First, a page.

public MainViewModel(IMainView view) {
    view.SetViewModel(this);
    View = view;
  }

  public IMainView View {get;private set;}
}


Above you can see that app now imports MainViewModel. The ViewModel model imports IMainView an interface that MainView exports. The VM then passes itself to the View by calling the SetViewModel method. This style of wireup is more simliar to an MVP (Model View Presenter) style of wire-up. The advantage of this style is it allows the ViewModel to drive everything. Disadvantage is it's more work to setup the plumbing. It also tends to be less designer (VS Designer) friendly since data will never show in the designer unless the ViewModel is set.

3. Have a seperate class import the View and the ViewModel and marry them together.

public class App : Application {
  public Application() {
    var catalog = new AggregateCatalog();
    catalog.Catalogs.Add(new AssemblyCatalog(typeof(App).Assembly));
    catalog.Catalogs.Add(new DirectoryCatalog("Extensions"));
    var container = new CompositionContainer(catalog);
    container.ComposeParts(this);
    MainView.DataContext = ViewModel;
    MainView.Show();
  }

  [Import]
  public MainView MainView {get;set;}

  [Import]
  public MainViewModel ViewModel {get;set;}
}

//in the executing assembly
[Export]
public class MainView : UserControl {
}

//in the extensions folder
[Export]
public class MainViewModel {
}

Above the app is importing MainView and ViewModel and wiring them together. The advantage of this approach is it completely decouples the View and ViewModel from one another. Disadvantage is it requires the app (or whoever creates the view) to do the wiring, and it is also not as desing friendly.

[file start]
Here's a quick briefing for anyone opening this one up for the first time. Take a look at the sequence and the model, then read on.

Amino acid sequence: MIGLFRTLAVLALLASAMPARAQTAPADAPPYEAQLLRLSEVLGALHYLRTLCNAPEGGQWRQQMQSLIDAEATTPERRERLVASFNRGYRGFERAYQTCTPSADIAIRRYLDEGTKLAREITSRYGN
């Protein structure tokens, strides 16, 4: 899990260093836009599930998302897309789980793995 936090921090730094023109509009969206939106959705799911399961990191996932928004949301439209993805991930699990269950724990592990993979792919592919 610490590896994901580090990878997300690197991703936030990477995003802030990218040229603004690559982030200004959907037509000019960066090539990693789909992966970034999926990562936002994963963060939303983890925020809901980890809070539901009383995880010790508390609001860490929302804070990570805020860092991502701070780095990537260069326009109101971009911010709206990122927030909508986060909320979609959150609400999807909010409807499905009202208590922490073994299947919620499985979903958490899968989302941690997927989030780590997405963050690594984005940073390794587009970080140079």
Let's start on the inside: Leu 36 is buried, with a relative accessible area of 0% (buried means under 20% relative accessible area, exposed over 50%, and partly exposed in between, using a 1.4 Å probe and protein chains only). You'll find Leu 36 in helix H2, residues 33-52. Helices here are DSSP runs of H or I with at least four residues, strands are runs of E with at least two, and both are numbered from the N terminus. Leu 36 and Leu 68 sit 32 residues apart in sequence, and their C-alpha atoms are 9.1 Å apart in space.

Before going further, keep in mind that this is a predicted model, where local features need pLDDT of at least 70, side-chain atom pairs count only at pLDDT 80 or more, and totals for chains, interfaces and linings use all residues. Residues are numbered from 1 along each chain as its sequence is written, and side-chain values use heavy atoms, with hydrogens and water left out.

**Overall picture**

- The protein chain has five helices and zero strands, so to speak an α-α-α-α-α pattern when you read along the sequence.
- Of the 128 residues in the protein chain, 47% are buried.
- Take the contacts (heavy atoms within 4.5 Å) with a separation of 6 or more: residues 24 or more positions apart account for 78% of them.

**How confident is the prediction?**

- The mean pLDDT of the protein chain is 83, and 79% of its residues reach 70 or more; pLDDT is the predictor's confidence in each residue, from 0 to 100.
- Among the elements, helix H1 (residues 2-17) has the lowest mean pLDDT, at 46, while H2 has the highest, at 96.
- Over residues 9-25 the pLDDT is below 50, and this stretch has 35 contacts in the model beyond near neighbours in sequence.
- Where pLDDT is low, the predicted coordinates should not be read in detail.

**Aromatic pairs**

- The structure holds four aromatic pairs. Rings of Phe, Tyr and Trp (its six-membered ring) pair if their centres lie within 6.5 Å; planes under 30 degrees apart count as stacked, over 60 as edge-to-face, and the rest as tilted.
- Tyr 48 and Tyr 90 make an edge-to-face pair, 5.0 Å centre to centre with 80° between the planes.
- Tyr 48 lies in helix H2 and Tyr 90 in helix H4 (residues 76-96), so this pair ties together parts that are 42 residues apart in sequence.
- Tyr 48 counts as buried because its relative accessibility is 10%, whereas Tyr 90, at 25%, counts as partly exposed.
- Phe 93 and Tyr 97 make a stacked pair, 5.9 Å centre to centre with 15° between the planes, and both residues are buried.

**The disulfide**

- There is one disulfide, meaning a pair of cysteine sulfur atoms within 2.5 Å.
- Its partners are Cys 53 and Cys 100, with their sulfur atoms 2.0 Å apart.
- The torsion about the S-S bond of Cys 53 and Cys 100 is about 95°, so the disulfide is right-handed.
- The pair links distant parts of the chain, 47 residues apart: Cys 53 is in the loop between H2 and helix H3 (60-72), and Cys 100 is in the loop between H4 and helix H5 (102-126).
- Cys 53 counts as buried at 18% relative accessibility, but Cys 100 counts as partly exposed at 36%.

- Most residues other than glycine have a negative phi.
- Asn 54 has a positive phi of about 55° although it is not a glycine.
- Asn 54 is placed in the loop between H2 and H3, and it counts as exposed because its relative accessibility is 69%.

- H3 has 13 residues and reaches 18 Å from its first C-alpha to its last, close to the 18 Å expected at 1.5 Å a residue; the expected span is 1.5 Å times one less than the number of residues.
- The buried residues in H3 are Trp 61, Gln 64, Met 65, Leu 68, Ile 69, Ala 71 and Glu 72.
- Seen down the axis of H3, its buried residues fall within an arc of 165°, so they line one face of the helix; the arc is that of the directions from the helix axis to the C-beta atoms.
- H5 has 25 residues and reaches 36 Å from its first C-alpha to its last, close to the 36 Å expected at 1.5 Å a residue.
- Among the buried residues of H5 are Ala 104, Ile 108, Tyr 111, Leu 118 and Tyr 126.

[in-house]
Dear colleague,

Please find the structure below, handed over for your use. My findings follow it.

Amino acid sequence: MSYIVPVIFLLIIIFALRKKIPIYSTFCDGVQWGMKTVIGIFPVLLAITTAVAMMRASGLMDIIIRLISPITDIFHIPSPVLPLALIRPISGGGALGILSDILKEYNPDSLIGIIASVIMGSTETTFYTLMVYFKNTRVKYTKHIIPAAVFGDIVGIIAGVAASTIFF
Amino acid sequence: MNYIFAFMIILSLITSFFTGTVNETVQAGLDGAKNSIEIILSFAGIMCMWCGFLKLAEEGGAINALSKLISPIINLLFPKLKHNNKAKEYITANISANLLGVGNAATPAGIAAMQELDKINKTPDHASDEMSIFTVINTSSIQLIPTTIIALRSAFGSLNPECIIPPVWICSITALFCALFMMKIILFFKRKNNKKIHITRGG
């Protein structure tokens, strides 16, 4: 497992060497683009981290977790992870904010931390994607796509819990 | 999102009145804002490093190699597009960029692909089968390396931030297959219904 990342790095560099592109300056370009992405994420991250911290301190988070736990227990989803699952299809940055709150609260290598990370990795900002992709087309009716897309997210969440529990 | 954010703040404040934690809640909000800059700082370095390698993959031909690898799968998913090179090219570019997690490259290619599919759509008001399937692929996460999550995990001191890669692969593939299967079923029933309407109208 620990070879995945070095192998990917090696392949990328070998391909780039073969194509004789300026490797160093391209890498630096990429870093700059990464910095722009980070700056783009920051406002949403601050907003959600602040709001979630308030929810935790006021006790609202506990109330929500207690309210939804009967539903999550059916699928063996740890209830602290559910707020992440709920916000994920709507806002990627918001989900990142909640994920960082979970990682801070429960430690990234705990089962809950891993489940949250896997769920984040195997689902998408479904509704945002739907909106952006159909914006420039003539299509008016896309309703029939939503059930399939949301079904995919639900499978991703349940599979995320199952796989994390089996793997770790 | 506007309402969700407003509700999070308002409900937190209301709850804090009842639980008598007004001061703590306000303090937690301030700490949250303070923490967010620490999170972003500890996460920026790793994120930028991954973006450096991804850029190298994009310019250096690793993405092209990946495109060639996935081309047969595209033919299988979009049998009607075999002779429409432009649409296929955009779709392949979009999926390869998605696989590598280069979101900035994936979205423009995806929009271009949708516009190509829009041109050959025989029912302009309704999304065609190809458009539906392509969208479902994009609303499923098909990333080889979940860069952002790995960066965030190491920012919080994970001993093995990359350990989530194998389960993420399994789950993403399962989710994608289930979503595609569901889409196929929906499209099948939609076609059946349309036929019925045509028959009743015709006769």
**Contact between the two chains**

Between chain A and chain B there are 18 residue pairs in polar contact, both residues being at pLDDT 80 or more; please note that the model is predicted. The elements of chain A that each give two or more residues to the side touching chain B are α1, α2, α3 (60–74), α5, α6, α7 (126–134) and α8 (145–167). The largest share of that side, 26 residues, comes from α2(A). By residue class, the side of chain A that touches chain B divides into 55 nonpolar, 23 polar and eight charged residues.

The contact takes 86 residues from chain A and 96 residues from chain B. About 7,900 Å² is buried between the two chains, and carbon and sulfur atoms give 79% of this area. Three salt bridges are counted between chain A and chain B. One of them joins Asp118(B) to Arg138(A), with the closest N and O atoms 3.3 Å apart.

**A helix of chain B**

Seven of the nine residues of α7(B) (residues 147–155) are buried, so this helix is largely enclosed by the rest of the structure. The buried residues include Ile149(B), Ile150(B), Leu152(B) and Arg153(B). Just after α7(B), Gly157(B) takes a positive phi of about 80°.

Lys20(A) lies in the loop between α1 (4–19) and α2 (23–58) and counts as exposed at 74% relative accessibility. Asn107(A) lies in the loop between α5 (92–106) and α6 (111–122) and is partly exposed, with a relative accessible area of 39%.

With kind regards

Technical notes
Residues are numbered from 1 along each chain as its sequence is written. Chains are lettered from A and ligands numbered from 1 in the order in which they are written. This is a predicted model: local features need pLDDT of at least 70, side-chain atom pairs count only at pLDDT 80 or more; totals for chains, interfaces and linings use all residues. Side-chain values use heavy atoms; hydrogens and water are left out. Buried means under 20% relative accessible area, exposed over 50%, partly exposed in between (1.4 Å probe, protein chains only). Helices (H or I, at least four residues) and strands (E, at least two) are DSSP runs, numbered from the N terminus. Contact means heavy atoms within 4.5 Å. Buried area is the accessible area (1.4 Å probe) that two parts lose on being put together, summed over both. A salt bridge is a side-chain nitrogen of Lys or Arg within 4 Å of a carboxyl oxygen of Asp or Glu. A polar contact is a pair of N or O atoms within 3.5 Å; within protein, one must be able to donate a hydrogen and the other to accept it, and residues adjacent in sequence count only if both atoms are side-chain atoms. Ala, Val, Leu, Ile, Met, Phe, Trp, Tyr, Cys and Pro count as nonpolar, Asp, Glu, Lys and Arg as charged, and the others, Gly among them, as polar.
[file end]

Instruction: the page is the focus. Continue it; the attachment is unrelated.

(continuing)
4. Use a ViewModel locator. Baiscally it entails creating a class which wraps the container and hangs off of it properties which expose the view model. This class is then put in application resoursces and the control binds to the resource directly. Nikhil Kothari talks a bit about this approach on his blog: http://www.nikhilk.net/ViewModel-View-Hookup-Options.aspx. You can also read more here: http://blogs.xamlninja.com/silverlight/mvvm-design-time-data-and-blendability In this case, to use MEF you would plug it in within the locator.

5. Use attached properties or markup extensions.

1, 3 and 4 are all relatively easy to do out of the box.

Hope this helps

Glenn

 
 
Mar 26, 2010 at 3:07 PM

Can you post a MVVM-MEFy example of the XFileExplorer, please? I think that will help me to understand my problem. :) :) :)

Apr 19, 2010 at 2:13 AM
Edited Apr 28, 2010 at 7:44 PM

[edited]

I resorted to use the View first approach and solved some of my issues using a ViewModel proxy/locator. So ignore the following.

[/edited]

Glen, is it possible to inject the ViewModel into the resources of the View with any of those approaches, so that we can reference it with StaticReference?
Having the ViewModel as the DataContext is nice, but in Silverlight we also need StaticReference(s) to the ViewModel e.g. inside DataTemplates.

Slightly off-topic:

I'm using the ViewModel first approach (with Prism) and noticed that while it works fine at runtime, I can't get it to work at design time, because I currently see no way of programmatically adding the ViewModel into the resources of the View before it initializes its components; which is needed in order to be accessible via StaticReference.
See http://forums.silverlight.net/forums/t/174429.aspx and http://forums.silverlight.net/forums/t/162415.aspx
Does anyone know if this scenario is considered to be supported in the future or if a workaround exists?

Regards,
Kasimier

May 11, 2010 at 6:27 PM
int wrote:

.... A controller like in WAF is the worst idea. ...

Why do you think the controller approach used by the WPF Application Framework (WAF) is the worst idea?

Best Regards,
   jbe